Improved checkout Working with our software vendors, we’re automating and shortening a lot of the tasks that used to lead to standing around at checkout, and there’s more to come!

While we’re working on these and other ideas, there are some things that parents and patients can do to help everyone get seen quickly and efficiently:

Please come on time for your appointment There is time set aside for your child at your child’s appointment time. If you’re late, all of the appointments after you are going to have to wait longer.

Tell us in advance if you think you need “extra time” We know certain problems — including mental health issues, or chronic unexplained pain, or complex social or school problems — do need extra time. Please tell the staff in advance, at the time you make the appointment.

Consider registering for the portal and doing some of the intake forms in advance Some of the forms we’ll ask you to complete in the office for well visits, especially, can be completed in advance on the portal. We’ll be making more of these forms available as soon as we can.

While we’re trying to do the best we can, we’ll tell you one thing to improve our “on-time” performance that we will not do: our doctors will not “watch the clock” while we’re in the exam room with you. During your visit, you will have the time you need, even if your problem is complex, and especially when your child needs the doctor’s attention most. Yes, that means the next patient may have to wait a bit. We’ll do the best we can to run on time, but we’re not going to tap our watches and tell people that their time is up. We’ll never be that kind of practice.

Thanks for all of your support!!

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Thanks for all of the positive reviews!

A few weeks ago, we invited families with children seen in our office in the last three months to do a brief online survey (just 2 questions, we know you all are busy!) The response rate was great, and we really appreciate the feedback.

The responses were overwhelmingly positive. We can’t thank you, our patients, enough — our business relies on word-of-mouth, and your supportive comments to your friends and neighbors are what helps our practice thrive!

We wanted to first share the top positive comments that we’ve received. Yes, this is a little bit of a braggy post, but we’re just so happy with the feedback that we wanted to share.

We also received some very helpful critical comments, too. We’ve already taken steps to address many of those. In future posts here, we’re going to highlight some of the criticisms we’ve received, and talk about what we’re doing to address those. We hope posts like these help continue the dialogue. As much as we love the positive comments, we also need to hear the negatives — that’s the best way to help us continue to improve and serve your children better.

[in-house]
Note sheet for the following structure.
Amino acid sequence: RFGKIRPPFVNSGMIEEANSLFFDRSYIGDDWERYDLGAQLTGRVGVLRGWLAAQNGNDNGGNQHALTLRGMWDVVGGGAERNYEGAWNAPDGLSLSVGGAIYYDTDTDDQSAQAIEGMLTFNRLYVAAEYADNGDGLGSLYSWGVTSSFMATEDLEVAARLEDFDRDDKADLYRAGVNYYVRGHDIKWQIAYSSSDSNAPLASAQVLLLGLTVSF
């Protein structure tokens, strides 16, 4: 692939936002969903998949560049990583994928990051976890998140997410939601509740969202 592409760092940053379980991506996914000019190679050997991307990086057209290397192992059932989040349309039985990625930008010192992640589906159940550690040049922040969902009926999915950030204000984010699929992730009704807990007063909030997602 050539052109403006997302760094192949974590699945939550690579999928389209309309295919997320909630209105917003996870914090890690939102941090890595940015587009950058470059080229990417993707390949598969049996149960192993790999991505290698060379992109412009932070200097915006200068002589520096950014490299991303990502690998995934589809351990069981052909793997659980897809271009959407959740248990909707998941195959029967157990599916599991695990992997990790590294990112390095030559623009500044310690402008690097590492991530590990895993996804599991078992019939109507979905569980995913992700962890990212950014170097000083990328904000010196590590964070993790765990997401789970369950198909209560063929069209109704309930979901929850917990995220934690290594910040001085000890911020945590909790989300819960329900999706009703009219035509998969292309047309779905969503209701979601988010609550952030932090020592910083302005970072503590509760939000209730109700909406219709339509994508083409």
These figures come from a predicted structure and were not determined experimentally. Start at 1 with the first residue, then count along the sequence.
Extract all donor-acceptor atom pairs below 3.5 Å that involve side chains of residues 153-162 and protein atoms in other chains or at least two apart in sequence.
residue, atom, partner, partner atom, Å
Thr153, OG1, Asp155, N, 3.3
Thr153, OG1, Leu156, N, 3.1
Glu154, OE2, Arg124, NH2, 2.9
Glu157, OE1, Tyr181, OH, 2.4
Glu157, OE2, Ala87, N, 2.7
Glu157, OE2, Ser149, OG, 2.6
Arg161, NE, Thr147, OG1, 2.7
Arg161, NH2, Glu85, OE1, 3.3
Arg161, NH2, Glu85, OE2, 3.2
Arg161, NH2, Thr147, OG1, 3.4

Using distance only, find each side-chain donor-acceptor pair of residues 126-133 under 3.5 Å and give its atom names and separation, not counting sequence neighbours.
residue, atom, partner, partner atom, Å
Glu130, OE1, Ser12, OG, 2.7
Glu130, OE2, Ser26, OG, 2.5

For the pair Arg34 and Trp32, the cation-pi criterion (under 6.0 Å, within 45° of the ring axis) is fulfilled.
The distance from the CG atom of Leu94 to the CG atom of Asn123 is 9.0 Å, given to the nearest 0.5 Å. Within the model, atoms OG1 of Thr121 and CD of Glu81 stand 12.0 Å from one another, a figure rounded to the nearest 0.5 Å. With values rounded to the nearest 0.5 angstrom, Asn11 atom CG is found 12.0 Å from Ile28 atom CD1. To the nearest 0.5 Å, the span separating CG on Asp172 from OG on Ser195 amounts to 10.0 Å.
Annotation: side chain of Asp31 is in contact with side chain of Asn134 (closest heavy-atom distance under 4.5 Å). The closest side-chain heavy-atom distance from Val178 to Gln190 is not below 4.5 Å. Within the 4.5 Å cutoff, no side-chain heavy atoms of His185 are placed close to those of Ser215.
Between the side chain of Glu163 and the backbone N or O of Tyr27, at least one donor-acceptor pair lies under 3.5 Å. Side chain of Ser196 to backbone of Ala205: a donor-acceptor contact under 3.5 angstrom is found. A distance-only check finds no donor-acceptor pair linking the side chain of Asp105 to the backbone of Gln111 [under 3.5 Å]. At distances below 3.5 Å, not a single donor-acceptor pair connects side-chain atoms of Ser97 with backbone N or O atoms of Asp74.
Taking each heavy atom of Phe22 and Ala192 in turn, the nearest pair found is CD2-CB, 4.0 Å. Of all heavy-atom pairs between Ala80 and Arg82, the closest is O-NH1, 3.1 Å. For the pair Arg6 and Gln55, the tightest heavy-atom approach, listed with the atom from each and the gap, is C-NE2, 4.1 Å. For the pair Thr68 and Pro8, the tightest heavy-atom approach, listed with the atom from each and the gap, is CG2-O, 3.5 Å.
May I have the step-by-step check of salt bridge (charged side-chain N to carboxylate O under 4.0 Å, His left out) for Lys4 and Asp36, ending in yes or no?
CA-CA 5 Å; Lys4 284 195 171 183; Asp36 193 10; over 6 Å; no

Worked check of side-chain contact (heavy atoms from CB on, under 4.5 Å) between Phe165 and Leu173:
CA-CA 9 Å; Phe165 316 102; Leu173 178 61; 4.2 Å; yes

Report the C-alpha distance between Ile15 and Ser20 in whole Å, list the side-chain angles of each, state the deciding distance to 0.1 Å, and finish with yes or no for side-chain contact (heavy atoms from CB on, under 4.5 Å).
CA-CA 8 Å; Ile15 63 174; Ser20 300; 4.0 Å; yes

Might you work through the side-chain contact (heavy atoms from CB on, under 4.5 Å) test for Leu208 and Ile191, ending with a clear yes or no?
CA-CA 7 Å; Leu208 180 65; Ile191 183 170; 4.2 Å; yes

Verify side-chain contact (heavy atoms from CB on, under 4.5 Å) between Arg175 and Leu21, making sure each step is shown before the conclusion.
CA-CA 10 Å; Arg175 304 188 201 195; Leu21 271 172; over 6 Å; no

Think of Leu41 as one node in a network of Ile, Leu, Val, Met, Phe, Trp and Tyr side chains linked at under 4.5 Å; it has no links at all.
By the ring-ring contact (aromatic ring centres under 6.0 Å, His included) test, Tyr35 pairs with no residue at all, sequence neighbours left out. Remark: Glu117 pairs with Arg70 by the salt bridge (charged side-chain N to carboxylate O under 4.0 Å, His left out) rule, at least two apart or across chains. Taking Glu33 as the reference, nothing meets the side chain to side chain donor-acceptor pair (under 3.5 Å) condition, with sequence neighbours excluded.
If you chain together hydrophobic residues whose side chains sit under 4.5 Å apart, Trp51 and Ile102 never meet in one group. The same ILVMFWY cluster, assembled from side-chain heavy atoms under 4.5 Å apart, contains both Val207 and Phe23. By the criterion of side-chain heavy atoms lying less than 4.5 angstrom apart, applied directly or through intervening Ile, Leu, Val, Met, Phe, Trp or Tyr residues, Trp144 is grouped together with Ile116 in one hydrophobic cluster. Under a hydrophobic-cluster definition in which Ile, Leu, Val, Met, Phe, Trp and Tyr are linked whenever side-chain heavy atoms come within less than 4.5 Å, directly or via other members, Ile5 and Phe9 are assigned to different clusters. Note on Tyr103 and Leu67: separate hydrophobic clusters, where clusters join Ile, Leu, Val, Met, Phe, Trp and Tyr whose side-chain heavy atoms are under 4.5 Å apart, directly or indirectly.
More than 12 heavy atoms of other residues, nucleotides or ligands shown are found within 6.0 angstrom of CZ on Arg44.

But, for today, only the good news! Presenting, first, the top 5 positive remarks we received from you, our practice families:

#5 : Sick Visit Quick Availability — We always have same-day sick appointments available. When your children are sick, and you’re worried, we’re here for you.

#4: Front Office Staff is Welcoming and Professional — We strive to be welcoming, even when your children aren’t feeling well.

#3: Doctors Spending Enough Time with Patients/Not Feeling Rushed — We’re not here to stare at a clock or tell you when your time is up. When you need more time with the doctor, you’ll get more time with the doctor. That’s the reason we’re here.

#2: Nursing staff is Kid-Friendly, Caring, and Gentle — We know a smile goes a long way, and that a sick or worried child needs extra care. Our team wants children and parents to feel comfortable and loved.

And the #1 comment from the surveys (drum roll please)

#1: Our doctors are great!  — Aw, shucks. There were a ton of comments about our expertise and communication skills and caring attitude. Again, can I say, thanks!! It’s our pleasure to help out, but everyone likes a compliment now and then!

Thanks again for all the kind comments! Next: some of the constructive criticism, and what we’re going to do about it — stay tuned!

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Phones back up at both offices

Our phones are working at both of our offices now – there was a power outage at a major Atlanta data center that affected the entire region.  We are sorry for any inconvenience!